SOUTH BRUNSWICK – Four years ago, Kris Velez, an eighth grade student at Crossroads Middle School South, lost a person close to him from death by suicide.
“That made my depression a lot more present,” he said.
For two years, he said it was hard to leave his house.
At that point, he said he realized he was transgender. He said he wanted to be the girl everyone wanted him to be, but decided to come out to his mother about a year ago.
“Her being accepting and supporting definitely made my life better then,” Kris said.
However, Kris said his father, who was living with his stepmother at the time, was not as accepting.
“It was very painful,” he said.
With his depression deepening, Kris said he “wasn’t able to go to school. I cared too much about what people thought about me.
“Soon after, I started to hurt myself.”
After a hospitalization, he said, “I forgot how beautiful life was, how precious it was.”
Choosing to attend mental health programs, he said he made the decision to heal himself.
“I wanted to be able to go to school and see my friends and I wanted to make friends,” Kris said.
He said he really pushed himself over the summer to get better.
“Don’t hide. Don’t lie. … It’s OK not to be OK,” he said.
After Kris’s powerful admission, dozens of community members lined up behind a purple and blue balloon arch to begin the Suicide Awareness Walk in Woodlot Park.
Held by the South Brunswick School District, in collaboration with the Rutgers’ School Based Youth Services, on Sept. 29, the purpose was to raise awareness of the 30 percent increase since 1999 and the 41,000 people who die by suicide each year.
“My hope is that with events just like this, we can eliminate thoughts of shame and stigma,” said emcee Jacquelyn Novick, the youth development coordinator for School-Based Youth Services at Crossroads South.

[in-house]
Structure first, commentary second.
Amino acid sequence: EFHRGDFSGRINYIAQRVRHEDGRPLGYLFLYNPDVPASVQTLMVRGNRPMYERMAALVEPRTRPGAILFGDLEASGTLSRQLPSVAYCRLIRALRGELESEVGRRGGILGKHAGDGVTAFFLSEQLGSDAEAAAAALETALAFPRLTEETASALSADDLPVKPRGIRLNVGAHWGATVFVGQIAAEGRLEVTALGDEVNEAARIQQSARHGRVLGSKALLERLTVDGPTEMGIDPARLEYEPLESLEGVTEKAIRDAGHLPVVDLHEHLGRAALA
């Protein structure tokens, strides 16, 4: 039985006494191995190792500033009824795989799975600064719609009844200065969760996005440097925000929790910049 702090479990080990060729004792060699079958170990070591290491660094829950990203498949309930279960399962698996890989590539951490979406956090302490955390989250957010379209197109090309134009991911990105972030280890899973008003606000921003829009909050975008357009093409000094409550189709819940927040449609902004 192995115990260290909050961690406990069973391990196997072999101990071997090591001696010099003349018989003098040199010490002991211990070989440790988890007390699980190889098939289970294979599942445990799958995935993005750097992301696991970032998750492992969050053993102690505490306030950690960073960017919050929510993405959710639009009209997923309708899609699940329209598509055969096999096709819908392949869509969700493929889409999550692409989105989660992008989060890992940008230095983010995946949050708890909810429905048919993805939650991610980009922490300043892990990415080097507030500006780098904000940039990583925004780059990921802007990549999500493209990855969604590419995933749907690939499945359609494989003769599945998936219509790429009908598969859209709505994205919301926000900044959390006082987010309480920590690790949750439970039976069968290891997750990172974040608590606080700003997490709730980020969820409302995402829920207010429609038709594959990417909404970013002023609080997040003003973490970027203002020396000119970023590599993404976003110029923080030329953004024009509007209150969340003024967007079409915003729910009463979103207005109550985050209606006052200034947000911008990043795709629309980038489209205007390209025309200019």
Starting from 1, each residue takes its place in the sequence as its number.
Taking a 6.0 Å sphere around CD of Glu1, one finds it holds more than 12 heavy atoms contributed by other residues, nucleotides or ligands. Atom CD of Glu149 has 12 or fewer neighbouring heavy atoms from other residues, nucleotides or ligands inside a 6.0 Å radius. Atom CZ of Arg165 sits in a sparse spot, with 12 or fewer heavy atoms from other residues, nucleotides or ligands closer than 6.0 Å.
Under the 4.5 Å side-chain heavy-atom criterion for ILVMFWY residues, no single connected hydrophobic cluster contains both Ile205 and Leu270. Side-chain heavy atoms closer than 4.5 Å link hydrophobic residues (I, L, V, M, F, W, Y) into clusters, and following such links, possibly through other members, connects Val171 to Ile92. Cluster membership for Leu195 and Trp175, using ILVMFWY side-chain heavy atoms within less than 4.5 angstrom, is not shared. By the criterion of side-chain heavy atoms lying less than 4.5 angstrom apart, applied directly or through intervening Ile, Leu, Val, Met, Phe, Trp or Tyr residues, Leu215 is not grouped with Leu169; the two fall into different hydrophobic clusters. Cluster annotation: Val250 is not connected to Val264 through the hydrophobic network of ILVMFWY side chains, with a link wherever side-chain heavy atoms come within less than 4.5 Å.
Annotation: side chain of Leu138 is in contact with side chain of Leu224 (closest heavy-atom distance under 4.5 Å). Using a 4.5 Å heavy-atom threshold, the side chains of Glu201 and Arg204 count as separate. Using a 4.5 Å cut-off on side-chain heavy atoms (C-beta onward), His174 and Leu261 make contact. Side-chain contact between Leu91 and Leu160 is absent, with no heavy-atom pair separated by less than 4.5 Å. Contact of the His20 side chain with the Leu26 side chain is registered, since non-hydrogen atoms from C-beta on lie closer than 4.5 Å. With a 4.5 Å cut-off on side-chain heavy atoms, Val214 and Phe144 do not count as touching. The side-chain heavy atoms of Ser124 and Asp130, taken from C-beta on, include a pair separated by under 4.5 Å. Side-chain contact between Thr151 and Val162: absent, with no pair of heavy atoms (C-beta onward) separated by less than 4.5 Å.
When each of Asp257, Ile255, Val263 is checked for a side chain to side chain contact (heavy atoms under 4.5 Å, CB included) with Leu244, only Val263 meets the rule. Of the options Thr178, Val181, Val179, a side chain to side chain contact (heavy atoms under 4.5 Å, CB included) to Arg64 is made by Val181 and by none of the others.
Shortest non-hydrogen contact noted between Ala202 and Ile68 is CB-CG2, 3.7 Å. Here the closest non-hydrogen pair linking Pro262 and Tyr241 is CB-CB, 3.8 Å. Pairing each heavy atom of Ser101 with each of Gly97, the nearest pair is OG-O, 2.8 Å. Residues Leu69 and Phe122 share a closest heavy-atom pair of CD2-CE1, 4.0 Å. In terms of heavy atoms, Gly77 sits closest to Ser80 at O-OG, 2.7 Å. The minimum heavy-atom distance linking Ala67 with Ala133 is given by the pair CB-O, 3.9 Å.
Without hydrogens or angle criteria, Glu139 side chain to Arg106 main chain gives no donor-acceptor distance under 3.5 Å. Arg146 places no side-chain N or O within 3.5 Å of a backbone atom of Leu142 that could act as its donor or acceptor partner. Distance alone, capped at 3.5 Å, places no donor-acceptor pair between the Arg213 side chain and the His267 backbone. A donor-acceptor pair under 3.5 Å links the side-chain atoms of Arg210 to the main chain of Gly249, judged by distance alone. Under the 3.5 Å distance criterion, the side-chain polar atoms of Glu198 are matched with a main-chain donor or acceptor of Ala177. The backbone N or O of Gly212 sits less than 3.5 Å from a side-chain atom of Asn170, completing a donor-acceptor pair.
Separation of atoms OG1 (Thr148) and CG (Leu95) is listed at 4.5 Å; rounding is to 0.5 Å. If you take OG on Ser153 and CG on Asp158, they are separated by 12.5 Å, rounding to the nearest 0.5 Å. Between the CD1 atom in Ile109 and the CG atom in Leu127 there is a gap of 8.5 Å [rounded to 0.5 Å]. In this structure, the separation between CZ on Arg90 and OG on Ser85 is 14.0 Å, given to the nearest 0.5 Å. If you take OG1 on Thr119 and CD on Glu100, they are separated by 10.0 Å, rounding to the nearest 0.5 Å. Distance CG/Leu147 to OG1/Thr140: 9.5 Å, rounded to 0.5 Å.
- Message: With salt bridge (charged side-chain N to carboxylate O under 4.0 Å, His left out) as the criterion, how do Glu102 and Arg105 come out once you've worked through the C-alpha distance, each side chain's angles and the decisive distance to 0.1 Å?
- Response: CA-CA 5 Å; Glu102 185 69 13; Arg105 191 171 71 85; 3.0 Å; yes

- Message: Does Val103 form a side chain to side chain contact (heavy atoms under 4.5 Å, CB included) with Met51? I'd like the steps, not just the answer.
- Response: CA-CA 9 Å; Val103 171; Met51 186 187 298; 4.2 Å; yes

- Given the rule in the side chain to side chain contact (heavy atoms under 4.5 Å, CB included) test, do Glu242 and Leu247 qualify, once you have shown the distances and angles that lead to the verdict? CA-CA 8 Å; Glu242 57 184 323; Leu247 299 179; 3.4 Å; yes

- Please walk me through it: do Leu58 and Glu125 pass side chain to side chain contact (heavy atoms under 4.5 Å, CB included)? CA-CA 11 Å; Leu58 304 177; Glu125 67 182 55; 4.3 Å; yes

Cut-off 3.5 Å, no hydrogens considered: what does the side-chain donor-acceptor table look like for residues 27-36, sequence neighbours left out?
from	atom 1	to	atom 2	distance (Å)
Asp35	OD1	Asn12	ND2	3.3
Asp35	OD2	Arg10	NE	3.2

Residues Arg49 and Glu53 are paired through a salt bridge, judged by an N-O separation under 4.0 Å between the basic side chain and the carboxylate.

The Centers for Disease Control and Prevention reported that in 2014, suicide was the second leading cause of death among young people ages 10-24.
“I think it’s very important for our community, very important because as women we also suffer from suicide, and it’s important to support everyone in our community in their mental health issues,” said Azra Baig, the school board’s liaison to the South Brunswick Commission on Women.
Lisa Powell, the director of Outreach Services for NAMI NJ (National Alliance on Mental Illness), said youth are so susceptible because of bullying, stress within the home, and the impact of social media.
“Starting with elementary students is the key – getting it at an early age and educating them at an early age that it’s OK to talk to someone,” she said.
NAMI usually refers patients to its outreach partner, the National Institute of Mental Health (NIMH).
According to the NIMH, risk factors for suicide include depression, anxiety, mental disorders, substance abuse, chronic pain, prior suicide attempt, family history of suicide, family violence, firearms in the home and having recently been released from jail.
Warning signs include talking about wanting to die, making a plan, buying a gun or stockpiling pills, feeling trapped or unbearable pain, increasing the use of substances, withdrawing from family or friends, showing rage, displaying extreme mood swings or saying goodbye to loved ones.
NAMI also offers referrals to organizations such as AACT-NOW (African American Mental Health Outreach), CAMHOP-NJ (Chinese American Mental Health Outreach Program in New Jersey), NAMI NJ en Espanol, and SAMHAJ (South Asian Mental Health Awareness in Jersey), since Powell said, “Some cultures feel more comfortable talking among their own group of people.”
The National Suicide Prevention Lifeline is 1-800-273-TALK. Or, visit www.nimh.nih.gov/findhelp
Contact Jennifer Amato at firstname.lastname@example.org.